After conquering numerous other franchises, Lego sets its sights on Middle-Earth. Does it succeed?
Traveler Tales has a nice thing going. Take an existing franchise, usually a lucrative one that sells millions, Lego-ize it in a video game (or a series of video games), sit back and watch as you sell and make millions. Of course, it helps that Lego games are usually extraordinarily good. It can be argued, for example, that Traveler Tales is singularly responsible for the best Star Wars games since the Rogue Squadron and Battlefront series died out, and the best Harry Potter games period, via their Lego takes on those universes. Earlier this year, they delivered Lego Batman 2, a loving homage to the DC universe.
Their latest venture is Lego Lord of the Rings, their first attempt at dabbling with Tolkien’s universe (and releasing just in time to coincide nicely with The Hobbit’s release); maybe it’s the fact that they’re releasing two games in the same year, the first of which was extraordinarily good. Maybe it’s because most of their manpower is working on the upcoming Lego City Undercover. Maybe Warner Brothers. had them on a tighter leash for this one than mot of their other games. It doesn’t matter what the reason is, unfortunately, Lego Lord of the Rings doesn’t quite play out as well some of the other games in the series.
Oh, make no mistake, it’s still a fun enough game to play through, and it will probably hold kids’ attention forever; but unlike the other Lego games, which were, yes, aimed at the kids, but incredibly satisfying even for an adult, Lego Lord of the Rings is too simplistic in its gameplay mechanics, and almost too literal in its reinterpretation of Middle Earth. This results in the loss of one of the greatest joys of playing a Lego game, which is seeing the universe the games are tackling gleefully reimagined with Legos. Yes, I understand that Lord of the Rings as a franchise probably holds more prestige and power and respect than any other franchise they have tackled so far, but still, you can’t help but feel a little disappointed.
Surprisingly enough, the almost literal interpretation of Tolkien’s complex and decidedly not-for-kids universe is in almost direct opposition with how simple and almost shallow the gameplay mechanics are. Unlike some of the other games in the series, which hold enough content and depth to entertain the most cynical and jaded of all gamers, Lego Lord of the Rings plays off as a decidedly tired and formulaic take on the entire gig- smashing scenery to collect Legos, running around and fighting Lego themed Orcs and other minions. Yes, the flashy animations hold a certain shine to them and make combat feel deeper and more exciting than it really is, but you soon see past it, and the mindless hacking and slashing begins to get repetitive, fast.
Worse still are the puzzles, which this game has a lot of. It is refreshing to see puzzles in the game in the first place, since most games’ ideas of puzzles these days are ‘blow whatever’s in your way,’ or ‘do exactly everything exactly as I tell you to to get this part that is meant to provide a change of pace from the combat over with.’ No, Lego Lord of the Rings has some real puzzles. It’s just that they aren’t really anything special.
Oh, they’re well designed. Nothing gets to me as badly as poorly designed puzzles, but Lego Lord of the Rings makes good on its puzzle design. it’s just that, like the rest of the game, the puzzles seem a bit formulaic, especially if you’ve played the other games in the series. There’s nothing challenging about them, and unlike numerous other games, like the Portal series, that masks a lack of difficulty with at least the inventiveness of its puzzles, Lego Lord of the Rings is perhaps insultingly easy.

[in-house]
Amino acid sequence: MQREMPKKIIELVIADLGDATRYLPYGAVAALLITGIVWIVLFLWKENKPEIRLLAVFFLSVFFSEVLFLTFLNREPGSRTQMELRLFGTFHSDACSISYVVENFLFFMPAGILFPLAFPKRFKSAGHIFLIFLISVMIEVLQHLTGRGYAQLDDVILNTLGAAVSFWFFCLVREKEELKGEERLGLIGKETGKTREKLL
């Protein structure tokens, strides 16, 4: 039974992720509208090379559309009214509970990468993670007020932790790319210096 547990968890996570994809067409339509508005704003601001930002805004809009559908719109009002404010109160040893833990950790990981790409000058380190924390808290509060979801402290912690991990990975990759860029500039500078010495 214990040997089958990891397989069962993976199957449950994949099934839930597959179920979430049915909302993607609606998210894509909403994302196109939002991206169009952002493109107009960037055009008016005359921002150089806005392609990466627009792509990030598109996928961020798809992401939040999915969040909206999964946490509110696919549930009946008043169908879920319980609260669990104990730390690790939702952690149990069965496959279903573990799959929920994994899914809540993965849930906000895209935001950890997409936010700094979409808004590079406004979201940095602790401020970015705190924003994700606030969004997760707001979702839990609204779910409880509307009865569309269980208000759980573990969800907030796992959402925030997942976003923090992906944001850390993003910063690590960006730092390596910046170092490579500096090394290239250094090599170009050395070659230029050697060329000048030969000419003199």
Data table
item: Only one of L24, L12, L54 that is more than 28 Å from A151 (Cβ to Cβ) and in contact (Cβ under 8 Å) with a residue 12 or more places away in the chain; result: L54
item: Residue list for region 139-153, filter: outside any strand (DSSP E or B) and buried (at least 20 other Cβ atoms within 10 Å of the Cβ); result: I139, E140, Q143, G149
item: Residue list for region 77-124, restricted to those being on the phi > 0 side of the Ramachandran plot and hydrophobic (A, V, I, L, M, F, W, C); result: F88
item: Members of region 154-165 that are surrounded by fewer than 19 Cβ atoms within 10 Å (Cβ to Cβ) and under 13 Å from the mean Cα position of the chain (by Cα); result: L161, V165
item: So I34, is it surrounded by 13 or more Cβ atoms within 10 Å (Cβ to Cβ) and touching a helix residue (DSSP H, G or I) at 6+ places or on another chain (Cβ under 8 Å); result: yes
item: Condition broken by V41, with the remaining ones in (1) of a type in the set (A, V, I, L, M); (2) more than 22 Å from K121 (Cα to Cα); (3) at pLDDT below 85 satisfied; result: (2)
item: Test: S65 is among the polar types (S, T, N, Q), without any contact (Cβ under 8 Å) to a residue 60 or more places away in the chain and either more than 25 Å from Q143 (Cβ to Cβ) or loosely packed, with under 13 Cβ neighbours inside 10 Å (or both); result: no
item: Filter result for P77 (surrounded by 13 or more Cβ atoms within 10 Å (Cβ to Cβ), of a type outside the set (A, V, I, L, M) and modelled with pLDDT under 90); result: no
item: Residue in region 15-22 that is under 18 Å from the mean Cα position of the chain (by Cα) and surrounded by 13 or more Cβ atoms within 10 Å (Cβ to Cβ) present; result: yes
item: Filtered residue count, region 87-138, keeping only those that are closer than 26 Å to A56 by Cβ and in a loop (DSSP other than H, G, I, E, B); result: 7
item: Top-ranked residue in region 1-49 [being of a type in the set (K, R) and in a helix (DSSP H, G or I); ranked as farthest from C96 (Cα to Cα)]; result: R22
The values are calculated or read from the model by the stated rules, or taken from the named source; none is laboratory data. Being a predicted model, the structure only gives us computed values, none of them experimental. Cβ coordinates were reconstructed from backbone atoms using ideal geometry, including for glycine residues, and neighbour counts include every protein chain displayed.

It plays exactly as you’d expect then, from a Lego game. Surprising, given how conservatively Middle Earth has been treated, with not as many Lego surprises in this reimagining. Which adds to the problem, as this Middle Earth is still familiar, only it’s exactly the same as you saw it in the movies. Which is to say, it looks great. Again, though, I stress, there’s not a whole lot of Lego theming going around.
The graphics, as is standard for Lego games, are gorgeous, and dripping with charm. The music here is lifted almost wholesale from the movies, so don’t expect very many new tunes. What that means, though, is some really neat music regardless. The story is handled cavalierly, in spite of how reverent the developers are clearly trying to be. If you’re hoping to use this game to introduce your little kids to the magic and wonders of Lord of the Rings, bad idea! At best, it can be used as a nice complement, but if this game were all the exposure you ever got to Tolkien, you’d come away feeling very confused, and probably wondering what all the hysteria was about.
It’s a good game, then, particularly for its target audience, which is going to be kids. It might be a bit too easy for them, but they’re still gonna have fun. The production values remain surprisingly high. But the game just feels shallow, almost formulaic, and you can’t help but feel that it could have been a whole lot more than what it turned out to be. Maybe in the inevitable sequel, Traveler Tales can give us the Lego Lord of the Rings game that we deserve. For now, get it for your kids if you want, even dabble a bit in it yourself. Just don’t go in expecting something as good as the movies or the books, or even the other Lego videogames.
This game was reviewed on the Xbox 360.
Great production values, including nice graphics and soundtrack; dripping with charm; follows the standard Lego formula well
Follows the standard Lego formula too well, to a fault; lacks depth in combat and puzzles, and gameplay generally; isn't too well Lego themed
Not the best Lego game, and actually quite shallow, it still remains a good way to keep your kids busy with some Tolkien themed fun this holiday season.